Naturally, a relationship as theirs would not be an equal one, and therefore not easily defined as love (or healthy, for that matter). But the longing can be understood with ease in the context of the world we’re living in. Sartre, who lived in a world that had slightly less than the mind-boggling amount of options we have today, also acknowledged the heavy weight of freedom. Its burden, its importance: its duality. Especially when it comes to love.

I believe this is why a lot of people are fascinated with Sartre and existentialism in general. The man speaks directly to the burden of having no choice but to choose. He speaks to the terrifying experience of being hounded by the looming shadows of could’ves and should’ves that might’ve defined us, and in their absence still define us. We are our choices, Sartre says. The ones we make and the ones we don’t. (“One is still what one is going to cease to be and already what one is going to become. One lives one’s death, one dies one’s life’) L’existence précède l’essence: we are responsible for what we become in this life. (Sartre, 1946) Only after death will we be free of all this freedom.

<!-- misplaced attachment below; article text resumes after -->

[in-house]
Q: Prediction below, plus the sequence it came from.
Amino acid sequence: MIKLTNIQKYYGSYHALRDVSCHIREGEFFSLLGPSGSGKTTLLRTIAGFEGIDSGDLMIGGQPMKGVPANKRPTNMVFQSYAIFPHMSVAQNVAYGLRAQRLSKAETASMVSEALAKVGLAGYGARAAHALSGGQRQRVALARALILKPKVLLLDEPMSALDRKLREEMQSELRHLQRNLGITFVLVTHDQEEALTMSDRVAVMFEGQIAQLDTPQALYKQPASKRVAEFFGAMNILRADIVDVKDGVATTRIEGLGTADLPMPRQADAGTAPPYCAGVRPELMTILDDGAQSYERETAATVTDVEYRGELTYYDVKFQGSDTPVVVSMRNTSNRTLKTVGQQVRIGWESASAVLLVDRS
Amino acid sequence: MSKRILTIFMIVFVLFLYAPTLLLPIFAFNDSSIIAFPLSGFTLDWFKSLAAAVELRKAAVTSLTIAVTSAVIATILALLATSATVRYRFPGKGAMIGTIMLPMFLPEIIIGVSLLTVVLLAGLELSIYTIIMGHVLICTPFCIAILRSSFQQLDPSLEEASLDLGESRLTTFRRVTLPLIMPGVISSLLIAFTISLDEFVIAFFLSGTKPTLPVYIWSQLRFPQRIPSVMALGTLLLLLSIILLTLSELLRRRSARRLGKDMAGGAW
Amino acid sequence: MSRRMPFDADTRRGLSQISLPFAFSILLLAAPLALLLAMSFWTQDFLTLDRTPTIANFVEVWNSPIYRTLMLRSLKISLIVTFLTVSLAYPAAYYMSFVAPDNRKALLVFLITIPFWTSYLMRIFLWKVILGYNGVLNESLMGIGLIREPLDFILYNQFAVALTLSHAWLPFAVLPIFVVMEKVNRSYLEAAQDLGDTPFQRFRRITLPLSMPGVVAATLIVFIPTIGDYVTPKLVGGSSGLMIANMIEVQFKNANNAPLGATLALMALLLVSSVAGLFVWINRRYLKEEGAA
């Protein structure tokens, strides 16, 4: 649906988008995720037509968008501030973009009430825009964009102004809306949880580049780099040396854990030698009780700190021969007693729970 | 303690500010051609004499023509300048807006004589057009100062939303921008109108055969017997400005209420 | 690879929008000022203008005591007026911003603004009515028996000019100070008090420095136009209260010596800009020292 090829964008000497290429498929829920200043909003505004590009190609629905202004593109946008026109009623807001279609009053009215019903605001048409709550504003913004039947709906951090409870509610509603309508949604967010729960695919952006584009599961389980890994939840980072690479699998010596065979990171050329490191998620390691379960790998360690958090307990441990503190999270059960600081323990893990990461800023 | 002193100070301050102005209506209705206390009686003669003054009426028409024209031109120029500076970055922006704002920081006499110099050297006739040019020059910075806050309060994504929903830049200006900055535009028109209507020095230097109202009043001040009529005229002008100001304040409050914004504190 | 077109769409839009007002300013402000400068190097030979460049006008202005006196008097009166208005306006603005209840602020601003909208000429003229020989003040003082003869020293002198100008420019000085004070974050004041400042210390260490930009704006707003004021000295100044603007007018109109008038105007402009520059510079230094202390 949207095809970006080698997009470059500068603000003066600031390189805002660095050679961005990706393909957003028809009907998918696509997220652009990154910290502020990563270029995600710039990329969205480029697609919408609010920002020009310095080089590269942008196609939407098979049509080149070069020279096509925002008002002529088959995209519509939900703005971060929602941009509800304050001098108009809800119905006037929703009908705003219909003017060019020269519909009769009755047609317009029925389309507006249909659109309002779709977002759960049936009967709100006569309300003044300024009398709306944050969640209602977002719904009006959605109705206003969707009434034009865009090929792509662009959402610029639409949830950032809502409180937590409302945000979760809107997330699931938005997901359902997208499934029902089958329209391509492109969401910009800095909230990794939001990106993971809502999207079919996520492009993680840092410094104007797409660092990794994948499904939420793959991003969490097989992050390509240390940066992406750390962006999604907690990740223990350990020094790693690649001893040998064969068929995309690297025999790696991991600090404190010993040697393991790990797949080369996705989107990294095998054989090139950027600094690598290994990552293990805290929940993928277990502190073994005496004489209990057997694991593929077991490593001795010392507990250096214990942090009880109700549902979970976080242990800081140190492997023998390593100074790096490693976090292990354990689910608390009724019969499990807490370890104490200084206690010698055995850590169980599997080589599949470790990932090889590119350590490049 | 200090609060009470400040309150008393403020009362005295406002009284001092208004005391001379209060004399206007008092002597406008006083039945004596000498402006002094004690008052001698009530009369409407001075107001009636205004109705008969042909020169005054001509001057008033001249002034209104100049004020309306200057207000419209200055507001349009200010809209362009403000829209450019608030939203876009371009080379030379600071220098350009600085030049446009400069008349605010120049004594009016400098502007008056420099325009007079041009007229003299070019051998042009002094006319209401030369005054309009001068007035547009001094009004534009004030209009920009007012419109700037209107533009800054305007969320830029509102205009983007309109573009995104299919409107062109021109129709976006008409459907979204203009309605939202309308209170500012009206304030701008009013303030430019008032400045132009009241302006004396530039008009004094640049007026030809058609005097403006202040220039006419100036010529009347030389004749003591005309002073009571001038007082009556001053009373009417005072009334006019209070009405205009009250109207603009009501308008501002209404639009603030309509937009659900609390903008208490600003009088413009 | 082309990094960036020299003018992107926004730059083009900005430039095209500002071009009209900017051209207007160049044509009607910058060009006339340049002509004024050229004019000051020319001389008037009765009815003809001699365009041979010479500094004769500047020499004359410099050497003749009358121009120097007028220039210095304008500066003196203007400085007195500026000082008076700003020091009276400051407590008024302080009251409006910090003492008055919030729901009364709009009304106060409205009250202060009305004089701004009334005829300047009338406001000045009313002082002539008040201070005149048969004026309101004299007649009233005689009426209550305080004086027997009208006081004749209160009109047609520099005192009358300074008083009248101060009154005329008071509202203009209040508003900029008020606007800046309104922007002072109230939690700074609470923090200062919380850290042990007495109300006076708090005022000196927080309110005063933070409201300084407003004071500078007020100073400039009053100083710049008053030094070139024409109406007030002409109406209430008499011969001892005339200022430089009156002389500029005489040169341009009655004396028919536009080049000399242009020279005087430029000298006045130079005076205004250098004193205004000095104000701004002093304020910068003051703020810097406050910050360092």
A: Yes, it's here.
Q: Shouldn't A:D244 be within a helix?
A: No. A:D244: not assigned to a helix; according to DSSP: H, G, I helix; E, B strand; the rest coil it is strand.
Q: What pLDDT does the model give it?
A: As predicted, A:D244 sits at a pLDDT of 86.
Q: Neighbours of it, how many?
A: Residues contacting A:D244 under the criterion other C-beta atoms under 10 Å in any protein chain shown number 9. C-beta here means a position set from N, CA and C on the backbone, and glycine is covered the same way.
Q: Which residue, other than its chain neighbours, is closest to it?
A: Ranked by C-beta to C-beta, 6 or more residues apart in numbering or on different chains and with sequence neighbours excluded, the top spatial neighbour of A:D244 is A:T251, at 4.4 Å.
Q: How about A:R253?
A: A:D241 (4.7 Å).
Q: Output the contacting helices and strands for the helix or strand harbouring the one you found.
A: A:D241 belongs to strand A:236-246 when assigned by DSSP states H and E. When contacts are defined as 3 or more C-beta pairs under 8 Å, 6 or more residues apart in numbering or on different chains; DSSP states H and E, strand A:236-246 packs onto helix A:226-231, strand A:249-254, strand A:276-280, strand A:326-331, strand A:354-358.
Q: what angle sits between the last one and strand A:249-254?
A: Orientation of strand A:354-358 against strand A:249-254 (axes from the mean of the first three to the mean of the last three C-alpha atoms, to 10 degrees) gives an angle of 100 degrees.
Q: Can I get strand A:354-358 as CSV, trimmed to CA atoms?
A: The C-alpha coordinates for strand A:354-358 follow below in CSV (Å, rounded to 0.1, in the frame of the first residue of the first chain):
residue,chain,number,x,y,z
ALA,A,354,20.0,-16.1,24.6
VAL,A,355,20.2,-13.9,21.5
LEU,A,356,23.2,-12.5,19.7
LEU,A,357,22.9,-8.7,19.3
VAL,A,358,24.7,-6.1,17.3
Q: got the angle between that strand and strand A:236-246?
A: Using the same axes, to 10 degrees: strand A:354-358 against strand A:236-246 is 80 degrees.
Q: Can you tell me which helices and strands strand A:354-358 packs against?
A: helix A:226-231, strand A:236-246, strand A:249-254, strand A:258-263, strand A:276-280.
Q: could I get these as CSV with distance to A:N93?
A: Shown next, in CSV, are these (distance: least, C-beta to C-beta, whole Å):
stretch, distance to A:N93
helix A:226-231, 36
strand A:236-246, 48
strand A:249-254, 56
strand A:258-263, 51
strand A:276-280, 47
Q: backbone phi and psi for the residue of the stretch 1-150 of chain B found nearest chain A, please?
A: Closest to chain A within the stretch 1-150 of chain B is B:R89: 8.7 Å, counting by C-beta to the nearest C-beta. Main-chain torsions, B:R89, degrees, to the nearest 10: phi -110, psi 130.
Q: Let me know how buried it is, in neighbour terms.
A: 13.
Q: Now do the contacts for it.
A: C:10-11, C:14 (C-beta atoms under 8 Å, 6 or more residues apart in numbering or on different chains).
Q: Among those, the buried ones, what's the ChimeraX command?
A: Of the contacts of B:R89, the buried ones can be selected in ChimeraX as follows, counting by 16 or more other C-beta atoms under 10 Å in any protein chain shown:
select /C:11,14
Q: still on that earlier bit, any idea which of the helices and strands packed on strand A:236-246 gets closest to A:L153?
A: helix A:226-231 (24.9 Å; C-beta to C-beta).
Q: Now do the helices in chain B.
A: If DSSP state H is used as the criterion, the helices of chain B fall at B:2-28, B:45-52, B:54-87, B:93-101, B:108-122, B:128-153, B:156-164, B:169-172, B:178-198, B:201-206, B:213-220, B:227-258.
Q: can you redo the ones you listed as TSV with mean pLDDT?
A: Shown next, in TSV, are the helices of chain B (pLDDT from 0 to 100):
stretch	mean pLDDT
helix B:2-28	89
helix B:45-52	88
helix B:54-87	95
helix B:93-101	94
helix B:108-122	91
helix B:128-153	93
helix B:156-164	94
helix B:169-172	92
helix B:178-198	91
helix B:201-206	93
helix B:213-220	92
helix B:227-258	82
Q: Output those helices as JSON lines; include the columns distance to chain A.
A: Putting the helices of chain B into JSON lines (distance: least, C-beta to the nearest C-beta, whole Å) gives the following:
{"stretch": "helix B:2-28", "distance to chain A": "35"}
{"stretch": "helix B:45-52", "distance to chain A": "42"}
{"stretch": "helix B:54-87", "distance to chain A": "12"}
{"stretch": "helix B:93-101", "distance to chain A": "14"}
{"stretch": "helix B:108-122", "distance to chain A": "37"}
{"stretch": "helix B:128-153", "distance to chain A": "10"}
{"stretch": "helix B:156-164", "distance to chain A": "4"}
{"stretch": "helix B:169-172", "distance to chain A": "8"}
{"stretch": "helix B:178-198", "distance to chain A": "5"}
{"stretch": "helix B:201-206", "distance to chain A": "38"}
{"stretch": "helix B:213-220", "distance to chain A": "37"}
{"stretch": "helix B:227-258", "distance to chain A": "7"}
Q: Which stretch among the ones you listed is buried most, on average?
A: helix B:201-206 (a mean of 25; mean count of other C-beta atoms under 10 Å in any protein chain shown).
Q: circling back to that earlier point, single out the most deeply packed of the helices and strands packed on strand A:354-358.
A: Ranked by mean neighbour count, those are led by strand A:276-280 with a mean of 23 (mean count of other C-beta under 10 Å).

Perhaps that’s why it’s easy to love the past and the dead. They’ve been defined, ‘essentified’. Real-life, living people are hard to love. They are unpredictable, uncertain, unfinished.